Interacting to Identify In-Demand Skill Sets
Collaboration encompasses more than content, research, and data, however; it also includes information about the people who possesses knowledge. Finding just the right members for a particular assignment became much easier when the U.S. Air Force launched its Air Force Knowledge Now site in 2002.
While the framework for the site has been in place for years, the Air Force has proven how well such systems can adapt and change with new technology over time. Air Force Knowledge Now’s offerings became even more robust when it added Web 2.0 features in 2009. “We really wanted to implement some Web 2.0 features with our search engine because we had already found the power of letting people identify and rate content, interact with that content and get the attention of other people,” says Randy Adkins, director (Ret.) of the U.S. Air Force’s Center of Excellence for Knowledge Management.
Air Force Knowledge Now has about 350,000 users—300,000 are Air Force personnel (military or civilian), and 50,000 are service providers and contractors. “We do work with them and you need to collaborate on projects. This gave them the ability to do that with all the security levels built in to make sure only the right people got to see that,” explains Adkins.
Before the Air Force put this system in place, conversations took place via email. But the absence of configuration control and the difficulty in managing conversations made the new system a necessity.
Adkins says a key feature remains the ability for users to identify themselves and their skill set within the system. For instance, he notes how, in the past, Air Force auditors would be assigned to a particular audit regardless of specific expertise. Today, Air Force Knowledge Now, which uses Vivisimo’s Velocity Search platform, allows ideal auditors to be identified based on expertise.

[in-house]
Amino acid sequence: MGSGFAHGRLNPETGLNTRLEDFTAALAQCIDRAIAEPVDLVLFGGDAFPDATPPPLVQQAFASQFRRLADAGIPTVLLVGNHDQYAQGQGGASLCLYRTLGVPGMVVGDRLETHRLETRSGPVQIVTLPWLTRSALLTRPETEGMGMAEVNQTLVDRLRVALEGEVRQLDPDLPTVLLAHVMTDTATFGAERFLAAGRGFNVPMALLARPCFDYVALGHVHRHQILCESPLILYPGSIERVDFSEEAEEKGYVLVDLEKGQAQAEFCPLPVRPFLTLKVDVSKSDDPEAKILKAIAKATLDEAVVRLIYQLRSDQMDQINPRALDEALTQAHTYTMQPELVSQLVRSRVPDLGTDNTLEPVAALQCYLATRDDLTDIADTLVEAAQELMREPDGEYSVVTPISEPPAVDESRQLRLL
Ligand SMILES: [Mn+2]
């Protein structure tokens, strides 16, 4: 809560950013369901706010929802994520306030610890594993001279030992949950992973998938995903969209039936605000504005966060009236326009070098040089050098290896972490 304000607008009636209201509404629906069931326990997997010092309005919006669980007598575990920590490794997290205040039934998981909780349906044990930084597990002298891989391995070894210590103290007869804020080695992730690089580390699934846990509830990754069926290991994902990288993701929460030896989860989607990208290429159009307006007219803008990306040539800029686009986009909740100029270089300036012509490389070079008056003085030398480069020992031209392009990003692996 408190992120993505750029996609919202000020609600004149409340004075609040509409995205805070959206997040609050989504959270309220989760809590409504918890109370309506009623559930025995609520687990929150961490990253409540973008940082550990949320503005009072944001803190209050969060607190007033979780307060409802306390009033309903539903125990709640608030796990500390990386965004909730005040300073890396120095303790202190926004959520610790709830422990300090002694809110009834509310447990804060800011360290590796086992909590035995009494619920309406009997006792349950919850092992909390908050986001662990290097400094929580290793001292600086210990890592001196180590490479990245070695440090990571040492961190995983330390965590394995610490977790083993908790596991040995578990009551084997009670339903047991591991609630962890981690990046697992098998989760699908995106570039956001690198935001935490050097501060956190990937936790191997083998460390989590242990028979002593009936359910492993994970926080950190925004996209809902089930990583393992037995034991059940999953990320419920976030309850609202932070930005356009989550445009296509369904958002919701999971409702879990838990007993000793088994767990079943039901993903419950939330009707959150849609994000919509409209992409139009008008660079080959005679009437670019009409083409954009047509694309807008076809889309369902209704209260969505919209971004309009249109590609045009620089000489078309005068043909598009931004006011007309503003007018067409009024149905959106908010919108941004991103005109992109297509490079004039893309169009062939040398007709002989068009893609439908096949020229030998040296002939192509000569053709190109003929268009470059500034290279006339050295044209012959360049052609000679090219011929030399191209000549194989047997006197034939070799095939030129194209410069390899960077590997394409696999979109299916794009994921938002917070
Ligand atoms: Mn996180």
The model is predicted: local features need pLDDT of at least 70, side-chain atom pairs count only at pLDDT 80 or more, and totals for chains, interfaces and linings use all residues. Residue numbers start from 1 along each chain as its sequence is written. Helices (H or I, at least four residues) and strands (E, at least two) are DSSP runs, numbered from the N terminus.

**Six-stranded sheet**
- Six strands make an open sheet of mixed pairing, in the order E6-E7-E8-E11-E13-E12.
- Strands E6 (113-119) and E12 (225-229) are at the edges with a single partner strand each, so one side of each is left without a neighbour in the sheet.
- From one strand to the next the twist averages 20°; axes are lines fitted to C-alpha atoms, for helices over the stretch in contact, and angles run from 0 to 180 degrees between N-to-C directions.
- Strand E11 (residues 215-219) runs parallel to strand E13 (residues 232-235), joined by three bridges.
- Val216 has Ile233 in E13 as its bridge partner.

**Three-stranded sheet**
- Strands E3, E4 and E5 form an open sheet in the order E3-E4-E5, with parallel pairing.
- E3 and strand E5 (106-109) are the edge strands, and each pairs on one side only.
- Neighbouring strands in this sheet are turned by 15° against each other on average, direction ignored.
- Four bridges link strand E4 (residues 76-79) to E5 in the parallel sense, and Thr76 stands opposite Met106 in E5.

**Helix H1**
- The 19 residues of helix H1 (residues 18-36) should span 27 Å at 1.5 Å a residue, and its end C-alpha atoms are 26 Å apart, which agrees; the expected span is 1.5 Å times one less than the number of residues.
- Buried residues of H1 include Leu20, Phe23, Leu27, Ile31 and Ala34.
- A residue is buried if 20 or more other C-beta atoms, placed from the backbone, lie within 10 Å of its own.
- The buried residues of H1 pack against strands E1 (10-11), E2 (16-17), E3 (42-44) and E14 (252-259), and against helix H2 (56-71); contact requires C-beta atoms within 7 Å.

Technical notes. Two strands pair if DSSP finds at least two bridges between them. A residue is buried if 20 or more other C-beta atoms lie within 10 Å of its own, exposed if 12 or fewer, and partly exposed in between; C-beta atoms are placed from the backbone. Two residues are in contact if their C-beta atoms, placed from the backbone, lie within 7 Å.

The system has become a project of sorts for users, as they continue to find new ways in which to use it to improve a variety of processes. The Web 2.0 functionality is a big part of that. “We eventually took all of our health files in the system and put them in a wiki so our users could update their health information in the system,” says Adkins. And Web 2.0 technology will likely be the impetus behind any other features site users will want to add.
Putting Customers and Companies on the Same Page
The most successful companies do a great job taking care of their customers throughout the life cycle of the relationship: when the customer is just a prospect through to when the service has been completed to the satisfaction of all involved. IT Consultancy CBE Technologies uses PBworks to manage its customer relationships every step of the way, enabling the company to effectively collaborate via the workspace both internally and externally.
Alison Rossi, an account executive with CBE Technologies, explains that the business is divided into two categories, a support model and an operations model, and the knowledge management system is configured to work effectively with both. For the support portion of the business, each customer is given a site that stores all of its support documentation (including serial numbers and support tickets) and the customer can enter the site to update the documentation if there is a change (such as new leadership). “Rather than have people call or have things lost in the shuffle, we’ve eliminated the middle man and they can update their own information and we’re all looking at real-time documentation that we need,” says Rossi.